Honest example: If I’m taking my own advice, then when I’m comparing a character’s movements to those of a bird, it’s not just to point out to my reader that he’s an ornithologist, it’s also to illustrate how awkward he feels (I pick an awkward-seeming bird), and to highlight that he feels that way because he’s about to experiment sexually with another guy (so I’m going with a flamingo). Three birds, one stone; write the kind of sentences an English class could extrapolate on for days. This tip, however successfully or deftly or not it is practiced, makes a writer think more deliberately: don’t just pick random crap out of a hat to fill page space (not just any bird will do); you only have one shot to say this as best as you can, so make it count.
“But what if I want to write a huge, looping, epic behemoth of a novel? Other people have done it and I want to be like them!” Then refer to tip #1 and disregard what I just said; I’m clearly not one of your teachers, go find the classroom you belong in and listen to those writers instead.
3. Read A Lot
I won’t tell you to read everything, because some books are terrible. Some books are useless to you but gold for someone else, and don’t waste your own time with those either, just get the gist and then drop that book into someone else’s hands. But do read a lot and read all the time, all the stuff you like and all the stuff those authors read so you can start to see the seams of the craft. There is no writing education better than reading a book you know is a perfect whole cloth, picking up one thread, and following it back through generations, thus revealing to yourself the mechanics. It’s like finally realising what you’re looking at in one of those Magic Eye pictures; writing looks like magic until you understand the schematics behind the trick, and that’s what writers do, they draw in the scaffolding and images behind all that busy, dense text, and wait for people to focus enough to see it.
It’s not long before you realise there are no new stories under the sun (just new accessories to augment and reinterpret the same stories for new generations and situations), all the best writers steal (you’re making a quilt, not a handwoven tapestry, you’re patching things together into that whole cloth; there will always be seams and you will always know where yours are), and you could learn how to do this too. I don’t really believe that writing can be taught, but it must be learned, and a library card can give you everything you need to know. Don’t read How To books about writing, don’t even bother knowing the exact, stern rules of grammar; read what you love and you’ll learn all of that as you go: scene, dialogue, description, how good grammar does the job of a discreet stage hand or page turner when the focus should be on the performance, and that breaking grammar rules can highlight other important things, like dialect, emphasis, framing. I don’t recommend breaking rules just because you don’t know them (that’s ignorance and it won’t help any of us), but learn the rules and then learn the shortcuts—the tricks of the trade, and the artful breaks done by the best—then sit down to write and see what you can get away with, what you can justify.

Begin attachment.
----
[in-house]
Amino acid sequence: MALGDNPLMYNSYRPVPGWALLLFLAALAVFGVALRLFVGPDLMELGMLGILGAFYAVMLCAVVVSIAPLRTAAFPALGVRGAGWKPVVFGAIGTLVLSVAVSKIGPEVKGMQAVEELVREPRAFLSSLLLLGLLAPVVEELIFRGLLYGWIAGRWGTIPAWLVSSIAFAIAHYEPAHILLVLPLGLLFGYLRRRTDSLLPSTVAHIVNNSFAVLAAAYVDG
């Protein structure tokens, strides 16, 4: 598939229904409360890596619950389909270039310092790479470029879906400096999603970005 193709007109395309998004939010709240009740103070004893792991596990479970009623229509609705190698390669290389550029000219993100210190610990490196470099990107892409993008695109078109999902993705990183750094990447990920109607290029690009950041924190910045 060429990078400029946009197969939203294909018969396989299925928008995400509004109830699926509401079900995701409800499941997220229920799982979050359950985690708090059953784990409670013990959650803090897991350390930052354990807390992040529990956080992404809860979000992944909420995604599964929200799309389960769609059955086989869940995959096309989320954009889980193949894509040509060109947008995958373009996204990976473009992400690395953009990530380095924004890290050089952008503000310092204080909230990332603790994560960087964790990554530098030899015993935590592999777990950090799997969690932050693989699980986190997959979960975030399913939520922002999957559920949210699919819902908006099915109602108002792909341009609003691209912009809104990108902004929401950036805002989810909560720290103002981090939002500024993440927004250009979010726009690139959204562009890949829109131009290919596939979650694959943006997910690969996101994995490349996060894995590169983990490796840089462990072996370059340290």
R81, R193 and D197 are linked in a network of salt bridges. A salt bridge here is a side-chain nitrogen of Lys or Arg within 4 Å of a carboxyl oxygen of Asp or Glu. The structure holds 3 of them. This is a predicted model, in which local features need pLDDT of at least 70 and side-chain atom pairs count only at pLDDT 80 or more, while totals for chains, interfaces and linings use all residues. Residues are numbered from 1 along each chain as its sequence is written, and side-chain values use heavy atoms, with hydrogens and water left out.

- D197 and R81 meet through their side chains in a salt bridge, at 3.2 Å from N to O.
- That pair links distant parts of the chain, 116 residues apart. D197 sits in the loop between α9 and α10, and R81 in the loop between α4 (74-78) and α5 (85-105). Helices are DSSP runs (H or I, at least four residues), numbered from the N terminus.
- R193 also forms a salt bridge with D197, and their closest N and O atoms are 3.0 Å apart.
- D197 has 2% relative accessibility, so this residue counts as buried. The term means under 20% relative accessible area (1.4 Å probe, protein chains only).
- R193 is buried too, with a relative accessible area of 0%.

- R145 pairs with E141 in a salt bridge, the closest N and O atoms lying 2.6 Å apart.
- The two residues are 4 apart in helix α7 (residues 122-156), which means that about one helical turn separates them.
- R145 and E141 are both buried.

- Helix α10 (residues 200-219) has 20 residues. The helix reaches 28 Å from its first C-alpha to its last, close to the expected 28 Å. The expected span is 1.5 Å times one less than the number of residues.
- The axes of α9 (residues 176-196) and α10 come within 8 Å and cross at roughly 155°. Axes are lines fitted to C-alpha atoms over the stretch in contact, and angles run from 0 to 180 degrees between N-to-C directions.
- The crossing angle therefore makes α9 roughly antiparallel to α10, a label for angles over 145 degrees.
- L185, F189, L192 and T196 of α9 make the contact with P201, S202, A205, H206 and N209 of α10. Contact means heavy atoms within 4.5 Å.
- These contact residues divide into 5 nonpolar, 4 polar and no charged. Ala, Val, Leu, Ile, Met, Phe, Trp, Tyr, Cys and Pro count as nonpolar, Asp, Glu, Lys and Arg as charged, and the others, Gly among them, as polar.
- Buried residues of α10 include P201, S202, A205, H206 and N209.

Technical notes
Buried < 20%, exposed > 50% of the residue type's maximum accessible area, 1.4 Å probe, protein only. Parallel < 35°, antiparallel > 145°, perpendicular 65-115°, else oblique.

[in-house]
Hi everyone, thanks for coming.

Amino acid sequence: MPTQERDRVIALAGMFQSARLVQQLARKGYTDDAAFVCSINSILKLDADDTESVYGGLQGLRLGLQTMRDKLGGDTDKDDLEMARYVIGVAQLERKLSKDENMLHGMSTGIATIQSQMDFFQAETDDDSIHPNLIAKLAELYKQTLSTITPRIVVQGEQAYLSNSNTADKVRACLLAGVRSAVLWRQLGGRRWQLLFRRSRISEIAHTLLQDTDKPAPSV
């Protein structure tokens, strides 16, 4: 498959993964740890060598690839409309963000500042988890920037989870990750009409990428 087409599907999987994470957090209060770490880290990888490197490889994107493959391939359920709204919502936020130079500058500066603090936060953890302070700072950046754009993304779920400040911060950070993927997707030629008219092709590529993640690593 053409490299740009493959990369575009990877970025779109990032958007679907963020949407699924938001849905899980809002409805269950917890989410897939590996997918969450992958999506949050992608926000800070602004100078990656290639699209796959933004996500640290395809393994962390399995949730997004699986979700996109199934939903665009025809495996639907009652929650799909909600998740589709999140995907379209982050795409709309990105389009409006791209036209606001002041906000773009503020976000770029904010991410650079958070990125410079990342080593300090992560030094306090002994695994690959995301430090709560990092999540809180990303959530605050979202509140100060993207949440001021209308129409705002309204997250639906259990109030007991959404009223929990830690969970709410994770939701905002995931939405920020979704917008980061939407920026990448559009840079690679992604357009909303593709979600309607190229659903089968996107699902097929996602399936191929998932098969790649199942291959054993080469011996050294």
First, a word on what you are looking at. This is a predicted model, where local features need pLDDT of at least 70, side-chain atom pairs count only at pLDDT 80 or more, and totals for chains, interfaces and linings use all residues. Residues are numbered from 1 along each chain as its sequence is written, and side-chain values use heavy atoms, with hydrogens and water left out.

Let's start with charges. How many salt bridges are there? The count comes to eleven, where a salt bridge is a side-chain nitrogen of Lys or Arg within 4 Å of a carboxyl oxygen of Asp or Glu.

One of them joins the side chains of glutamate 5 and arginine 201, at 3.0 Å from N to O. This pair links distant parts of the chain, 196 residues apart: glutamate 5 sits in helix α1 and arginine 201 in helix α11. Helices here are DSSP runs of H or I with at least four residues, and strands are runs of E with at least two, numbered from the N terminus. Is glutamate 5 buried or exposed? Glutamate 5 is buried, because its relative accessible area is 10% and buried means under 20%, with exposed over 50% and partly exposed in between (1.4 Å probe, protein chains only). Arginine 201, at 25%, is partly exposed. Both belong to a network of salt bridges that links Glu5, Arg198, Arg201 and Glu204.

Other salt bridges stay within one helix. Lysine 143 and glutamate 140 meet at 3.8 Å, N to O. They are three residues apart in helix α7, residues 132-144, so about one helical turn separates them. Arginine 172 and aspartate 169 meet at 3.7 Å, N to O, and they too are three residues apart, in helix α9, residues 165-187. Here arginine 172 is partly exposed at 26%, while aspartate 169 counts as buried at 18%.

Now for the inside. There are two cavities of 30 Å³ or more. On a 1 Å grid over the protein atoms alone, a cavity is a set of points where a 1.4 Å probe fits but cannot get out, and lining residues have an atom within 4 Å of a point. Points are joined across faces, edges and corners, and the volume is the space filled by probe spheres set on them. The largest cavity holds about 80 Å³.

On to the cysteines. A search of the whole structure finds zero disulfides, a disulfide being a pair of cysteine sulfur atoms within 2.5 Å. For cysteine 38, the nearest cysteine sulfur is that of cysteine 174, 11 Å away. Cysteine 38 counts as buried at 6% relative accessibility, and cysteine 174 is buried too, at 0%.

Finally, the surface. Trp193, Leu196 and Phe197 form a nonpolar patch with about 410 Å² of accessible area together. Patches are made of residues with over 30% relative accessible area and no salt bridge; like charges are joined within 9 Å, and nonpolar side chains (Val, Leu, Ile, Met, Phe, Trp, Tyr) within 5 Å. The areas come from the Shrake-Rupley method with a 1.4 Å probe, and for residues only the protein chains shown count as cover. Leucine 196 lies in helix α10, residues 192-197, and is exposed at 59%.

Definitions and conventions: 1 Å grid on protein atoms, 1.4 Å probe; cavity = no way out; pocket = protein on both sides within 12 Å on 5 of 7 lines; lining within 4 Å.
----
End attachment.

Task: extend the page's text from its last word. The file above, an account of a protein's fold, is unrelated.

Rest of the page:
Honest example: I have two phrases in my books that are third generation stolen gems, phrases I gathered from authors who had found them somewhere else. I literally picked them both up from reading writer’s tips essays like this one, where those authors told me what I’m telling you: that fiction writing is a hand-me-down, patch-work, Frankenstein-monster kind of creation. You can’t make something from nothing, you’re no god, but you can bring dead things back to life, you’re a reanimator, and you have access to the wealth that is everything that came before you. William S. Burroughs took the phrase “eyes unbluffed, unreadable” from somewhere (he forgot where), and I picked it up too. Poppy Z. Brite borrowed a descriptor from Stephen King, about a character with a personality like the sensation of biting down on a piece of tinfoil you didn’t expect to find in a sandwich. I needed that one too, I know that kind of guy, and so does everyone else; that means my readers will feel what we’re all talking about.
Not only would I not know where the best stuff to steal was without reading, I wouldn’t have all the defences in the world to cite as validation for my thievery. The ultimate purpose of writing is to make the best story you can with the tools and abilities you have at the time; get your ideas, get your hands on anything that isn’t nailed down, and then get creative in making it all coherent to someone else who wants to hear a story.
Thanks very much to L.A. Fields for sharing her writing tips this week. You can find her online at http://la-fields.livejournal.com/
Next week, more tips from author, J.P. Bowie.